I talked about whether a person has partnership qualities. Next, I talked about traits to avoid when looking for a partner. Next up, I’m going to discuss what makes a good business partner, specifically answering questions I often receive.
What makes a good partner?
There are a million and one traits that make a good partner. The traits partners need depends on the goals the partners want to complete. However, all partners should have at least these features:
- Positive contribution to the business and their goals (no conflicts).
- Passion, enthusiasm, and expertise. Being able to motivate and inspire is a plus.
- Clear commitment to the business over oneself (I give an example of this later).
- Make a commitment – deliver on time as promised.
- Takes responsibility for their actions.
Pretty straight forward, right? Let’s get to the harder stuff.
Do friends make good business partners?
Usually not simply because, as friends, they tend to skip the crucial steps that are needed to set the foundation for the partnership. For example, many friends skip a partnership agreement thinking their friendship solidifies them. Wrong. Unfortunately, skipping this step means they skip important discussions like roles and responsibilities, equity division, what happens to the business if the partnership fails, authority, rewards, entitlements, etc. It is inevitable there will be bad times. That’s life. Since most friends skip these discussions, when things go bad there is nothing to fall back on except emotion, failed perceptions, etc.
Friends entering into a business relationship realistically works out well. They’ve discussed all the important issues and do not have unrealistic expectations. Decisions are made together and the failure of the business has no impact of their friendship.
Some examples bad friendship dynamics:
The friends want to be a huge success, popular, etc. – It is fine to have goals like this but what normally happens is that one shines and excels faster than the other. That places stress on the friendship. It also places the one excelling faster (getting more attention, more friends, more followers, etc.) in an awkward position.
Emotions get in the way – A disagreement in business can often turn into “I thought you were my friend!” The higher level of pain or frustration, the more likely this is to happen. Usually, the reason why this happens is due to lack of a partnership agreement. Certain situations would never come up with a partnership agreement in place. If you have an emotional friend think three times before forming a business relationship with the person.
The other side of the coin: someone who can disconnect and detach business from friendship issues. I was trained at a young age to detach. In business my friend and I might have a disagreement. That’s normal and natural. However, at the end of the day I’d still want to go to the movie we planned to go to when my friend is still pissed off. Some people can’t switch gears and detach because their emotions get in the way. Most people can’t detach like this so don’t place people on unrealistic pedestals. Just know going in what you’re getting into with emotional people.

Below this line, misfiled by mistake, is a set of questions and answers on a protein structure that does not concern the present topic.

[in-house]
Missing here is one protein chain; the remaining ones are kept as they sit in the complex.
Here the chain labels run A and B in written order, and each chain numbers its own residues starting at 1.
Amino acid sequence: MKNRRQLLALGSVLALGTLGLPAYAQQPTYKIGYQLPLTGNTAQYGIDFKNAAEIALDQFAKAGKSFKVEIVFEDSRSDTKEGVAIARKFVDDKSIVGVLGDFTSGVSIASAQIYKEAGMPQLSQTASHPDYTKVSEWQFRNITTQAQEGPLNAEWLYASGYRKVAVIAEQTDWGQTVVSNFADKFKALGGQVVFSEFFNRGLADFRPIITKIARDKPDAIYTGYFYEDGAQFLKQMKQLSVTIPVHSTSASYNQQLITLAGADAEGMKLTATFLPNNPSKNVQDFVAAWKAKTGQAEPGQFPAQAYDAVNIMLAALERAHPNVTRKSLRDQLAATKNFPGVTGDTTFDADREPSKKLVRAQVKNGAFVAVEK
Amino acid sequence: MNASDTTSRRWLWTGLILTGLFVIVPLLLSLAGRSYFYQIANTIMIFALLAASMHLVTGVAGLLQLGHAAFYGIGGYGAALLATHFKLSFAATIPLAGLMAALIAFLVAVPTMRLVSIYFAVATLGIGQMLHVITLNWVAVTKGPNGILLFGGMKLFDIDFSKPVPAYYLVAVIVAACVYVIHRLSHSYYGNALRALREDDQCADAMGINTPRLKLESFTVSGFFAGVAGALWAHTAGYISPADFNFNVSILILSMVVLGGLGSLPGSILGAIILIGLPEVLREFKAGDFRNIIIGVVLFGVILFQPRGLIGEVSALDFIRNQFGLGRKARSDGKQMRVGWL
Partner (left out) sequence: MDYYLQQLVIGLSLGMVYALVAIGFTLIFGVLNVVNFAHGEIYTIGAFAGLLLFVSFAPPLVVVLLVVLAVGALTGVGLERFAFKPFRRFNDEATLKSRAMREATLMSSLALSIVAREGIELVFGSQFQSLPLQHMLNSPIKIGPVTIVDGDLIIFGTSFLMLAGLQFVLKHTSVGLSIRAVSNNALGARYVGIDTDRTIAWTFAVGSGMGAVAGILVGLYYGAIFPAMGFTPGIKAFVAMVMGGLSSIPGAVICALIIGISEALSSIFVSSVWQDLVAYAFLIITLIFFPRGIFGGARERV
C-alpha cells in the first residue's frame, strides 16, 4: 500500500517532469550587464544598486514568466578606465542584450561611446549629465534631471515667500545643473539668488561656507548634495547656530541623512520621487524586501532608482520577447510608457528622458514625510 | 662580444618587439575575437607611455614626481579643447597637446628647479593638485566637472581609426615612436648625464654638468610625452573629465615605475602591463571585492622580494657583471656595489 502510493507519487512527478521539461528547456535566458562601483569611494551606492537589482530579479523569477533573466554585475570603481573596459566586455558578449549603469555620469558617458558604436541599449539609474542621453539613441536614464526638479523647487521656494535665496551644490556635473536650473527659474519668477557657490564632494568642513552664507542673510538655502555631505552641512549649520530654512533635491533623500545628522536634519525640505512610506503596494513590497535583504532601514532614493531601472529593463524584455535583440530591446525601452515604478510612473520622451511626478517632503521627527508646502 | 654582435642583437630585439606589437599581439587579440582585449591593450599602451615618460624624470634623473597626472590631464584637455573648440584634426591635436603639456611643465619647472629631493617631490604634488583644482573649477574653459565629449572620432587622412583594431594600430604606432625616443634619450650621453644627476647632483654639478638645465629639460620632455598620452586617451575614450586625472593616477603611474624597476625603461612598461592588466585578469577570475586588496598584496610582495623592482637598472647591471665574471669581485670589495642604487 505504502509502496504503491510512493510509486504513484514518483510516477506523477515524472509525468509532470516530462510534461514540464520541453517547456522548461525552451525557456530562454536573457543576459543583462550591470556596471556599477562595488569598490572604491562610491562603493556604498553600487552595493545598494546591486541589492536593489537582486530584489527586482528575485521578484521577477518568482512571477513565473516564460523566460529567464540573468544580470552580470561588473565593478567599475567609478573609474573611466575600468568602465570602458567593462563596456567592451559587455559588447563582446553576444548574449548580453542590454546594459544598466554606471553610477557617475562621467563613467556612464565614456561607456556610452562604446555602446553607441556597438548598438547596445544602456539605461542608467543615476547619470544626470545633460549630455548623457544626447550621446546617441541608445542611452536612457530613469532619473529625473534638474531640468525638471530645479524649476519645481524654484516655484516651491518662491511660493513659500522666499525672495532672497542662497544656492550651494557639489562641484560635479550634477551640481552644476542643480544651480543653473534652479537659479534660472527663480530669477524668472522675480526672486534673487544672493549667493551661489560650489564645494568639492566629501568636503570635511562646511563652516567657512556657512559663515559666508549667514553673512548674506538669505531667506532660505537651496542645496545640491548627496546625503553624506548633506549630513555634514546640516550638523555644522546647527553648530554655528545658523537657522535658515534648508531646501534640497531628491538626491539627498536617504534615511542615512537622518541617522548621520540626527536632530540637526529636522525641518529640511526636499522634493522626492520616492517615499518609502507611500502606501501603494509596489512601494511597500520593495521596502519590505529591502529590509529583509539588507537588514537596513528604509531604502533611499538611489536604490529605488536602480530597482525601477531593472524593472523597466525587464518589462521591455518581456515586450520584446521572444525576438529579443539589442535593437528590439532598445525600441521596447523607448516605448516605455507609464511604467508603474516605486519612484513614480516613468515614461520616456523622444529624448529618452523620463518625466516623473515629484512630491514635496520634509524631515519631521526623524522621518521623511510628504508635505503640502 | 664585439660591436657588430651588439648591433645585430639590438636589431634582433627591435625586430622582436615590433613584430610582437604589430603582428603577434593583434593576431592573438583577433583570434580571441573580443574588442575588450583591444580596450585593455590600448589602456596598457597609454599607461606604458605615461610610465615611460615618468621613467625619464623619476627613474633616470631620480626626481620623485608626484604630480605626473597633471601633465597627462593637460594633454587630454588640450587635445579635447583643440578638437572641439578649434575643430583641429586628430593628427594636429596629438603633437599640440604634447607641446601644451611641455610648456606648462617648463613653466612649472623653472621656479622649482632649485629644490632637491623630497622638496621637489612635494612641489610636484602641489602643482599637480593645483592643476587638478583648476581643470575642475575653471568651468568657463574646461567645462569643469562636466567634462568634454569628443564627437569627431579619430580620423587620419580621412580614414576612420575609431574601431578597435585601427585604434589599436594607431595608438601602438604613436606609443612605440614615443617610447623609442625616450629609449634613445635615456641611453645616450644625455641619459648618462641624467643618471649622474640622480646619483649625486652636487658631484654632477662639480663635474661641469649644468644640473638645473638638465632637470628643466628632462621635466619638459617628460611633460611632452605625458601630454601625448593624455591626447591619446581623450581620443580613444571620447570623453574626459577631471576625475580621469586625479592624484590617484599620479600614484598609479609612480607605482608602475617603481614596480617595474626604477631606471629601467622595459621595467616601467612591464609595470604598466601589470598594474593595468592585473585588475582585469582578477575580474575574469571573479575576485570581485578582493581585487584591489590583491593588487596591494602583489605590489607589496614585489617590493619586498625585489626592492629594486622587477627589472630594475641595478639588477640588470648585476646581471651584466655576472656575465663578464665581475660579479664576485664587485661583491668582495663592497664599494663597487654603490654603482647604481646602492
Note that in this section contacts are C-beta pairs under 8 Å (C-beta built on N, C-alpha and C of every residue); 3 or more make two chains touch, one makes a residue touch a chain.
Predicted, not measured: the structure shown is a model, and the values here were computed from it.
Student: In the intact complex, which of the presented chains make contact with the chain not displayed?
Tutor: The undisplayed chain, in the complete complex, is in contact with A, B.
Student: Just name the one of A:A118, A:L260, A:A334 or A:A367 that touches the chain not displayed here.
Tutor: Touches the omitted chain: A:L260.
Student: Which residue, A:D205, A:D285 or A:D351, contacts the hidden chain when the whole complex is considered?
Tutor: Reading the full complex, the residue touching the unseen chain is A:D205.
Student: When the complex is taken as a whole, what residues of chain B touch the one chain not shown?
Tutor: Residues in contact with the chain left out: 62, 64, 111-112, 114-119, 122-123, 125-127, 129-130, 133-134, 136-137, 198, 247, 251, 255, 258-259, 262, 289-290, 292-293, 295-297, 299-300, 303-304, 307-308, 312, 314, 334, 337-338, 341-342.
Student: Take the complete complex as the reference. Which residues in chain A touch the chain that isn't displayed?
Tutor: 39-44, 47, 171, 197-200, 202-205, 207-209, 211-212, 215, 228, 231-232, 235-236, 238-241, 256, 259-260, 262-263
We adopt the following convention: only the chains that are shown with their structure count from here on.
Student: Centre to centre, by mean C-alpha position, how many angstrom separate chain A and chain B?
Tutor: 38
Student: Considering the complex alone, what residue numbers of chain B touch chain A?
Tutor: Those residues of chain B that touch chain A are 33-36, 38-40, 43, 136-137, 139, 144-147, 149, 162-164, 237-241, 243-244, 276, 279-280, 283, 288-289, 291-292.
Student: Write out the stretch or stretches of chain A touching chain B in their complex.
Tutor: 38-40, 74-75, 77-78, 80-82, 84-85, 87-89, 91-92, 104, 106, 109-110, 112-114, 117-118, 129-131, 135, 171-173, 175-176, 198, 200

Should there be a romantic tie between partners?
Romance between partners can work out well if they have realistic expectations. In my own experience, romantic relationships in business were a relief more than a detriment. When we had a disagreement (business or personal) we could take a quick trip to get away and heal. The intimacy and fun on the trip literally washed away the negative discourse. The ability to compromise and find a neutral meeting ground was easier because we took the stress away. Of course, the same thing could be accomplished without spending a dime, I just like taking trips.
With a platonic partner it becomes complicated getting away to heal or even spending extra time together to neutralize things, especially if the other person has a spouse. How will the spouse feel being left at home? The same experience will not occur with the spouse coming along. It is a completely different dynamic.
Unsteady romantic relationships will lead to unsteady business relationships. Keep in mind that most romantic relationships you encounter aren’t meant to be. They are temporary learning experiences. I’ve known people who stopped their romantic relationship, remained business partners and married other people. The people involved control their destiny.
For the most part, no they don’t work out because the romantic relationship was doomed from the beginning.
How many partners should a business have?
In my experience, two is the magic number (you included). You can have more but this usually opens the door for more disagreements and bickering over small things. With two people total, you can hire employees to fill in where needed. I’ve seen successes with more business partners but two people partnerships reign success wise (from my experience).
Keep in mind…
You might not find the right business partner the first time. It might take you a couple of tries. Remember not all businesses need a business partner, so do not feel pressured into getting one.
Keep in mind that a partnership is like a marriage. Some work, some don’t but your business partner can easily become closer to you than your spouse simply due to the amount of time spent together.
**This will be the last article until after New Years. I want to wish everyone a Happy New Years!!! Stay safe.**